Conformity is simply not in her blood...
TITLE: Finding Emilie
AUTHOR: Laurel Corona
INFO: Paperback, Fiction, 419 pages
PUBLISHED: Gallery, 2011
SOURCE: Received from Publisher for Review
FROM GOODREADS: Woman is born free, and everywhere she is in corsets. . . .
Lili du Châtelet yearns to know more about her mother, the brilliant French mathematician Emilie. But the shrouded details of Emilie’s unconventional life—and her sudden death—are elusive. Caught between the confines of a convent upbringing and the intrigues of the Versailles court, Lili blossoms under the care of a Parisian salonnière as she absorbs the excitement of the Enlightenment, even as the scandalous shadow of her mother’s past haunts her and puts her on her own path of self-discovery.
Laurel Corona’s breathtaking new novel, set on the eve of the French Revolution, vividly illuminates the tensions of the times, and the dangerous dance between the need to conform and the desire to chart one’s own destiny and journey of the heart.
MY TAKE: This was a very interesting book. I haven't read all that much about the French Revolution and the years leading up to it. Seeing it through the eyes of both a mature woman of science as well as a young, passionate girl was a brilliant storytelling technique.
The main character Lili is a very likable girl. I enjoyed reading of her journey from a young girl into a young woman and then finally, a mother herself. Her best friend Delphine was a bit trying at times, but the love between her and Lili was the type that stands the test of time. Their relationship ended up being very similar to that of their mothers, Julie and Emilie. It was also very helpful learning about Emilie and the influences upon her life and choices.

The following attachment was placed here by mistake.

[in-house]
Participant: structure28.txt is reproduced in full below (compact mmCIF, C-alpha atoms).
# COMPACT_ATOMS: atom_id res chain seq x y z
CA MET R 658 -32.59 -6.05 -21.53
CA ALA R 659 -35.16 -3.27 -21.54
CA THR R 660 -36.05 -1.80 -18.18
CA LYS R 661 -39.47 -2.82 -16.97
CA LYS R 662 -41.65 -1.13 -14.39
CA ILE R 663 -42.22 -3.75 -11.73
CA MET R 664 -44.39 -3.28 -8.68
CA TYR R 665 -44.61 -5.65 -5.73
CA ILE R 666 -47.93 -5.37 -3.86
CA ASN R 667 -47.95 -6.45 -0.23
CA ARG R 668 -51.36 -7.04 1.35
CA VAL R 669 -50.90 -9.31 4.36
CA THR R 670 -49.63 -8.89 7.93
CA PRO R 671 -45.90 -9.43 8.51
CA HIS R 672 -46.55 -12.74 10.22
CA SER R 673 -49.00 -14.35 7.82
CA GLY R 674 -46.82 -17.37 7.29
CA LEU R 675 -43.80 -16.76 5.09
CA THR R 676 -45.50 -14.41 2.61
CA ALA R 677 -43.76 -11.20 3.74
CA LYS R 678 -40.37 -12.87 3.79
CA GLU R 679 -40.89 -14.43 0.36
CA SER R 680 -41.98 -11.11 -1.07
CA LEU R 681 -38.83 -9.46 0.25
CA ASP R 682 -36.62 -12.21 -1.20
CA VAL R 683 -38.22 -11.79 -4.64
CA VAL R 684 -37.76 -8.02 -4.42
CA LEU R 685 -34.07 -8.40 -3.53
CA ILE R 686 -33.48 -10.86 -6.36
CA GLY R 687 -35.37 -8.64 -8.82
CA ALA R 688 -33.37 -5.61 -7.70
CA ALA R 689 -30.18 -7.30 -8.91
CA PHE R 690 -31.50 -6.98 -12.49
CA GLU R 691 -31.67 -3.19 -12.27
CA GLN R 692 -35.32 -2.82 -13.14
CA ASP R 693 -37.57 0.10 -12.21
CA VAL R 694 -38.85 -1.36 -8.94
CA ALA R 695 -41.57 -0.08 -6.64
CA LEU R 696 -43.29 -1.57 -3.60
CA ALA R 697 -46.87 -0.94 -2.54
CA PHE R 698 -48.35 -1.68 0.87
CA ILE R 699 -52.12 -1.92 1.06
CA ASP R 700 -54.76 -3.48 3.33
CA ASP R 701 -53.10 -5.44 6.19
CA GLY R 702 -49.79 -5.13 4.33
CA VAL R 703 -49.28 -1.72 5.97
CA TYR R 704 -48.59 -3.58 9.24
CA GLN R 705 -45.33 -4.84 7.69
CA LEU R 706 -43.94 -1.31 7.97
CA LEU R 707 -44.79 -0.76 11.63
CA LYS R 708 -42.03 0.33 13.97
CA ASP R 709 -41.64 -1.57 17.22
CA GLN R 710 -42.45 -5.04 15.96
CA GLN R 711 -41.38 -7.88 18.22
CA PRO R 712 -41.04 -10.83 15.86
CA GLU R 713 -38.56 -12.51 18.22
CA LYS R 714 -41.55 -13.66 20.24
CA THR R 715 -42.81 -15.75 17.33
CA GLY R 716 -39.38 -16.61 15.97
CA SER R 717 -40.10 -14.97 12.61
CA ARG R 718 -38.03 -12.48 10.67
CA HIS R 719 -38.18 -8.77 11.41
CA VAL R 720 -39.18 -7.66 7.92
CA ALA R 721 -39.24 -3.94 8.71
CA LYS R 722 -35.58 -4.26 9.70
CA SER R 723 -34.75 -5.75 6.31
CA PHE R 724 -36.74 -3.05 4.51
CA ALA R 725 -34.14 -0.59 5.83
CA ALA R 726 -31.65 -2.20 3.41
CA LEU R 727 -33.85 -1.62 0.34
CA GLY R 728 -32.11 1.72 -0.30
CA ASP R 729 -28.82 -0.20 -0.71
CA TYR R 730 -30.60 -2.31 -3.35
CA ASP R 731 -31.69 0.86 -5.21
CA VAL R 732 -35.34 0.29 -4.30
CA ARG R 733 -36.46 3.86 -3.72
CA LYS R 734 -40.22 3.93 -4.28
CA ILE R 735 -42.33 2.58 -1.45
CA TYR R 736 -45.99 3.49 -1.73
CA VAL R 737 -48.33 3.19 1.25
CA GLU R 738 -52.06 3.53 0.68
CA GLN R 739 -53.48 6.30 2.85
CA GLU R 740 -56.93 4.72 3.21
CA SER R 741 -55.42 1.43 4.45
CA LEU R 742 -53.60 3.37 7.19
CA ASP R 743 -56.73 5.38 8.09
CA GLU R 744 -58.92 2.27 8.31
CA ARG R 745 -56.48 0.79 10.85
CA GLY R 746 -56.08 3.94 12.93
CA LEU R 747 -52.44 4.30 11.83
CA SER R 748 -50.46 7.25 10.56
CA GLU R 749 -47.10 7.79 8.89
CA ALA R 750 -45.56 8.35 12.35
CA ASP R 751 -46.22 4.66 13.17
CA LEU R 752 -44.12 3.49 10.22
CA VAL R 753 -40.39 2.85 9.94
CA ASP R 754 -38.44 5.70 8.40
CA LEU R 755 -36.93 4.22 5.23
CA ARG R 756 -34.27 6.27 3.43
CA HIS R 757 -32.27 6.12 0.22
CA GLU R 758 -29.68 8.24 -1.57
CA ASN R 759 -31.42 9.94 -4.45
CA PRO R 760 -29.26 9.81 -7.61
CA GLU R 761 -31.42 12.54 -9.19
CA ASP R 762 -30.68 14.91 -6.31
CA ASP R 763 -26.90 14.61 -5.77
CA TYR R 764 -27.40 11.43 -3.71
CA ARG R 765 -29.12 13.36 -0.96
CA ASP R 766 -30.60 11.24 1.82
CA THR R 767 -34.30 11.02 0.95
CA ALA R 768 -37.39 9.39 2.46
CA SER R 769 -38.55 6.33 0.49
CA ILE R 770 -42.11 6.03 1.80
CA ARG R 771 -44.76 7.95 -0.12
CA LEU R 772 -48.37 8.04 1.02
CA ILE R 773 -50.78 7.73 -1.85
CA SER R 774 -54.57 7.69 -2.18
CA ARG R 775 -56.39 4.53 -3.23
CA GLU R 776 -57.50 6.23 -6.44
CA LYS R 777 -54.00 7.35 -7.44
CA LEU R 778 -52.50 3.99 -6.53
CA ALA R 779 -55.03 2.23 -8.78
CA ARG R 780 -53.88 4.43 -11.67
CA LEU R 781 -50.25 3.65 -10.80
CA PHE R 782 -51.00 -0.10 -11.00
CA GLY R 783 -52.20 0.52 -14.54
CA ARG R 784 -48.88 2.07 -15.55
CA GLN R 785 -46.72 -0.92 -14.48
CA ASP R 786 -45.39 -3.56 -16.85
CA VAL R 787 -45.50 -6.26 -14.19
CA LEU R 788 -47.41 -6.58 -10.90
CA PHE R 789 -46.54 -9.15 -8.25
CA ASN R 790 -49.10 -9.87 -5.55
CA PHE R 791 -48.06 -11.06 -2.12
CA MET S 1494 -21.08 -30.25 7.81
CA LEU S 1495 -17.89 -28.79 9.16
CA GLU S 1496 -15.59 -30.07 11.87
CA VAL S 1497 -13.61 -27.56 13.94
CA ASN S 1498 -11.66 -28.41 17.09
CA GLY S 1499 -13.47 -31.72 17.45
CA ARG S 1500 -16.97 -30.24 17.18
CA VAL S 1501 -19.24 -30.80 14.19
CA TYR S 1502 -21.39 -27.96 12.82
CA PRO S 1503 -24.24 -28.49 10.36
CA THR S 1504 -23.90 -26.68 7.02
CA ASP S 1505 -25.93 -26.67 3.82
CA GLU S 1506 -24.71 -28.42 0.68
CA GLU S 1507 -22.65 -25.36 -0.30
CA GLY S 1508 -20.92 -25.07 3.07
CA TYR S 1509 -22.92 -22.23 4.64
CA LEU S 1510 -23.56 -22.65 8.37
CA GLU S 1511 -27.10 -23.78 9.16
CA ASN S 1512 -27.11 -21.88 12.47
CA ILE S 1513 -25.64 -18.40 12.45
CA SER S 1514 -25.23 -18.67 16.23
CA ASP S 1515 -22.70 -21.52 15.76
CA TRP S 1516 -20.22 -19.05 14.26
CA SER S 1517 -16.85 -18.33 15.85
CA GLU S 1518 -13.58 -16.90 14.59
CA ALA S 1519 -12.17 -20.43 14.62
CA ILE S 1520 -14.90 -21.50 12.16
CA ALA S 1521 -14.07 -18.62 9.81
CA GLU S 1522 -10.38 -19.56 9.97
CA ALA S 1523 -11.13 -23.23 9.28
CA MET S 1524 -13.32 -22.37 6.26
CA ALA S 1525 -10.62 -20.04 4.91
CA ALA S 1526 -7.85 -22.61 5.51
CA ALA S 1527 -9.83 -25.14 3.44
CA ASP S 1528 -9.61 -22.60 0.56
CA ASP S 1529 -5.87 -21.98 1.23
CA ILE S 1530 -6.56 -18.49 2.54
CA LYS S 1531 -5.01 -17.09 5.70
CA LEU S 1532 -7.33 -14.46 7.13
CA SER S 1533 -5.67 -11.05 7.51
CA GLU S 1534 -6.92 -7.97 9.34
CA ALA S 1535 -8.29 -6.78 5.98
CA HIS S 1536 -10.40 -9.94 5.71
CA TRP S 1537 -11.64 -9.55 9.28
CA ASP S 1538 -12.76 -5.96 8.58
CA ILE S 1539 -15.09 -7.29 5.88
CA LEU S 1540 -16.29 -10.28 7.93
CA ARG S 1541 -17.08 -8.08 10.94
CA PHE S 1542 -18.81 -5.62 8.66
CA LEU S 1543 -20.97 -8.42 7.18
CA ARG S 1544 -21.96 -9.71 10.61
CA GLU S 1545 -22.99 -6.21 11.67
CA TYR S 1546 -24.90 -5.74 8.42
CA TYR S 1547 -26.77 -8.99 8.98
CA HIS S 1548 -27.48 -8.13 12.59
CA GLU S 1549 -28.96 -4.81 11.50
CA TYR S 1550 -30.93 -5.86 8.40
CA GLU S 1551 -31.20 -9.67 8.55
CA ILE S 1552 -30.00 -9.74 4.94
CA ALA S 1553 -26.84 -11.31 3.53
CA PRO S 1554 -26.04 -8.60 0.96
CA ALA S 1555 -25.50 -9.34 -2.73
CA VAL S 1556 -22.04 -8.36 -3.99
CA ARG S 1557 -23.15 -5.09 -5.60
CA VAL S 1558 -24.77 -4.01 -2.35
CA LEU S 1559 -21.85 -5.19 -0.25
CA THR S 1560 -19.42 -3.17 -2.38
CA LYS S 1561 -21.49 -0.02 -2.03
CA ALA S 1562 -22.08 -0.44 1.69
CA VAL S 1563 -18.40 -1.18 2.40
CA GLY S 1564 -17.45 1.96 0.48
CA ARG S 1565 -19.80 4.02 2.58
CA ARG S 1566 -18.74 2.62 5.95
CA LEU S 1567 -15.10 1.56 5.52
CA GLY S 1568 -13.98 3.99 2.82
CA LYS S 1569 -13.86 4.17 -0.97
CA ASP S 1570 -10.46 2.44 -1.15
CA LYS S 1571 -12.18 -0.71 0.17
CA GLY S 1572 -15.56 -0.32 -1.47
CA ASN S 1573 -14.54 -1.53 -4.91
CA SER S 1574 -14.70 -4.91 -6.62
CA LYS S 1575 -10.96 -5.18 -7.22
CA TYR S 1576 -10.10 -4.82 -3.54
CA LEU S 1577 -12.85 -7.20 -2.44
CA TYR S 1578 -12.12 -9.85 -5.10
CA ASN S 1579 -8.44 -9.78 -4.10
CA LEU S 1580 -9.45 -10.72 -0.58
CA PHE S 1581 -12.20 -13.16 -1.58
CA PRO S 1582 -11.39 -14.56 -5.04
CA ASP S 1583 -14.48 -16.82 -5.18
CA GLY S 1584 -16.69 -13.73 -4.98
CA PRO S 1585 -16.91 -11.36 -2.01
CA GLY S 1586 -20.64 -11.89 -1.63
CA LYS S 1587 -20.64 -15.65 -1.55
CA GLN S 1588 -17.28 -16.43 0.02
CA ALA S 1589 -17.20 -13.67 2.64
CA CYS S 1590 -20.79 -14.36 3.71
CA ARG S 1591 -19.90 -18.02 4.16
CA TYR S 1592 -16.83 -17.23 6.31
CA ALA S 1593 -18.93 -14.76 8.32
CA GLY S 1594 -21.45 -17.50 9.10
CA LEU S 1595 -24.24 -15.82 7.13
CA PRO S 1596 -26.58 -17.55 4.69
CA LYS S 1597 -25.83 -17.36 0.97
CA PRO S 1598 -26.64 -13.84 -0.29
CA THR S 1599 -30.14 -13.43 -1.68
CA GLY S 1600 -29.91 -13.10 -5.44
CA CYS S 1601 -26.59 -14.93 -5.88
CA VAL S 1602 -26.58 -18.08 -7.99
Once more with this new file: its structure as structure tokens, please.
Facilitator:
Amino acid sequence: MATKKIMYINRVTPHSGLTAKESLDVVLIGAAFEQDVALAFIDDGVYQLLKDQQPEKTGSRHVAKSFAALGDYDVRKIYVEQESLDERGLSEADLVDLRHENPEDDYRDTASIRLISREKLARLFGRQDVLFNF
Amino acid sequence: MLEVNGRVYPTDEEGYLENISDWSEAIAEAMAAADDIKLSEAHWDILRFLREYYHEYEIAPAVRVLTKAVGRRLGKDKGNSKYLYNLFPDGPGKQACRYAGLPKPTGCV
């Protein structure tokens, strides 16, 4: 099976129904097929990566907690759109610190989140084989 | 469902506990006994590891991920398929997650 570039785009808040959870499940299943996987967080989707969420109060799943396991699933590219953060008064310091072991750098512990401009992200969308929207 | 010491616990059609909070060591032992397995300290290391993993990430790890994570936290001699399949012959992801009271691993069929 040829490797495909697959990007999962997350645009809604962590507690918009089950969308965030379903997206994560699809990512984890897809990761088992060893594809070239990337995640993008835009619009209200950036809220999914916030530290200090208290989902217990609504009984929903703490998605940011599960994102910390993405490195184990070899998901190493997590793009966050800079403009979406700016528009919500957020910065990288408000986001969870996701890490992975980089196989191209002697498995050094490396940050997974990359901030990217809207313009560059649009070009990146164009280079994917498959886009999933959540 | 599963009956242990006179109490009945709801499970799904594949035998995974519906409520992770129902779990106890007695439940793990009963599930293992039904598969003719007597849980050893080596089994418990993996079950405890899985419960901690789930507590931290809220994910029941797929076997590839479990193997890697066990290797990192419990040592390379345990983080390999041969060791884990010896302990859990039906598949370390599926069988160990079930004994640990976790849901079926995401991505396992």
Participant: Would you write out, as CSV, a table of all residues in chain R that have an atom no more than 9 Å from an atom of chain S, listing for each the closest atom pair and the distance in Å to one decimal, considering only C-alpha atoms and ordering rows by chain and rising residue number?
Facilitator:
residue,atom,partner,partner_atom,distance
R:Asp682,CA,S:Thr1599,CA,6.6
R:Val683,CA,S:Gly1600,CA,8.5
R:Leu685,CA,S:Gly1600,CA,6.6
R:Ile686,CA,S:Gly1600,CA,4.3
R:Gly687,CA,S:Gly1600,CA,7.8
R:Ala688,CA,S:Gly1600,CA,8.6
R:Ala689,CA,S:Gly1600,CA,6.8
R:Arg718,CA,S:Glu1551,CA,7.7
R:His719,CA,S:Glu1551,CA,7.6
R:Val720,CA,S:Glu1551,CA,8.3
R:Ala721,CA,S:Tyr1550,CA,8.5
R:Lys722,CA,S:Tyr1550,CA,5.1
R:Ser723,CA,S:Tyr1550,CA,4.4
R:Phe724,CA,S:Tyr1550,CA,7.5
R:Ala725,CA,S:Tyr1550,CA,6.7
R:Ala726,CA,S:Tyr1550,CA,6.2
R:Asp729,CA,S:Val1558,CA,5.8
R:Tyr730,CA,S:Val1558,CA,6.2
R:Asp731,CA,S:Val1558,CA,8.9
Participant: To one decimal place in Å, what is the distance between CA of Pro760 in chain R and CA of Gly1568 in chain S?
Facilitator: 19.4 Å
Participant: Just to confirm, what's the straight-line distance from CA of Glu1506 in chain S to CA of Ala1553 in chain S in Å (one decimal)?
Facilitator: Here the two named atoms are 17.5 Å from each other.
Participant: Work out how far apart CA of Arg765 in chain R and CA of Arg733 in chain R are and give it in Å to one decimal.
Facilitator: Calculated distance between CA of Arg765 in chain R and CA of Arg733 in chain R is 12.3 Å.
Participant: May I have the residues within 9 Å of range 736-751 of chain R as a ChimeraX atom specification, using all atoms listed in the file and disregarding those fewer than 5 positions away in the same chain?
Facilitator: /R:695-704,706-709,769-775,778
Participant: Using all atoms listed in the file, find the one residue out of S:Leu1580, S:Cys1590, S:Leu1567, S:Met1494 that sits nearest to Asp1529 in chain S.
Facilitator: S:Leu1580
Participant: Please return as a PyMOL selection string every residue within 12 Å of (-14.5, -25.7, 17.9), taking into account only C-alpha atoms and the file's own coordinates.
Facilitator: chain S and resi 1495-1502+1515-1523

Lili's love of science and learning is a direct inheritance from her mother Emilie. Emilie was a brilliant woman who was forced to watch as men took credit for her scientific finds and discoveries. She dies shortly after giving birth to Lili, leaving Lili to be brought up by Julie de Bercy. Julie's daughter Delphine and Lili are brought up as sisters. Julie was also a woman who craved learning and freedom. She encouraged Lili's quest for knowledge and the right to make her own choices.
Laurel Corona's extensive research is very apparent throughout the book. She offers very detailed descriptions of clothing, scenery and everyday customs and duties. I really liked a particular scene where the girls are practicing walking and sitting while wearing panniers. I could feel their discomfort and irritation as they were forced to spend hours repeating the proper steps to ensure they wouldn't knock things over and that the train of their dress would be centered as they turned around. They were preparing to meet the French Queen and everything had to be absolutely perfect. The presentation to the Queen was one of my favorites.
The perfectly blended tale of history and fiction make for an enjoyable read. While Emilie du Chatelet was an actual woman, Lili was a fictional version of her youngest daughter if she'd lived. The author told Emilie's story using flashbacks and then alternating them with Lili's present adventures. Fans of history, romance and intrigue will do well to read this book. There is a very helpful Gallery reader's group guide at the back of the book that offers some great discussion questions.
WHERE TO BUY IT: Amazon and The Book Depository
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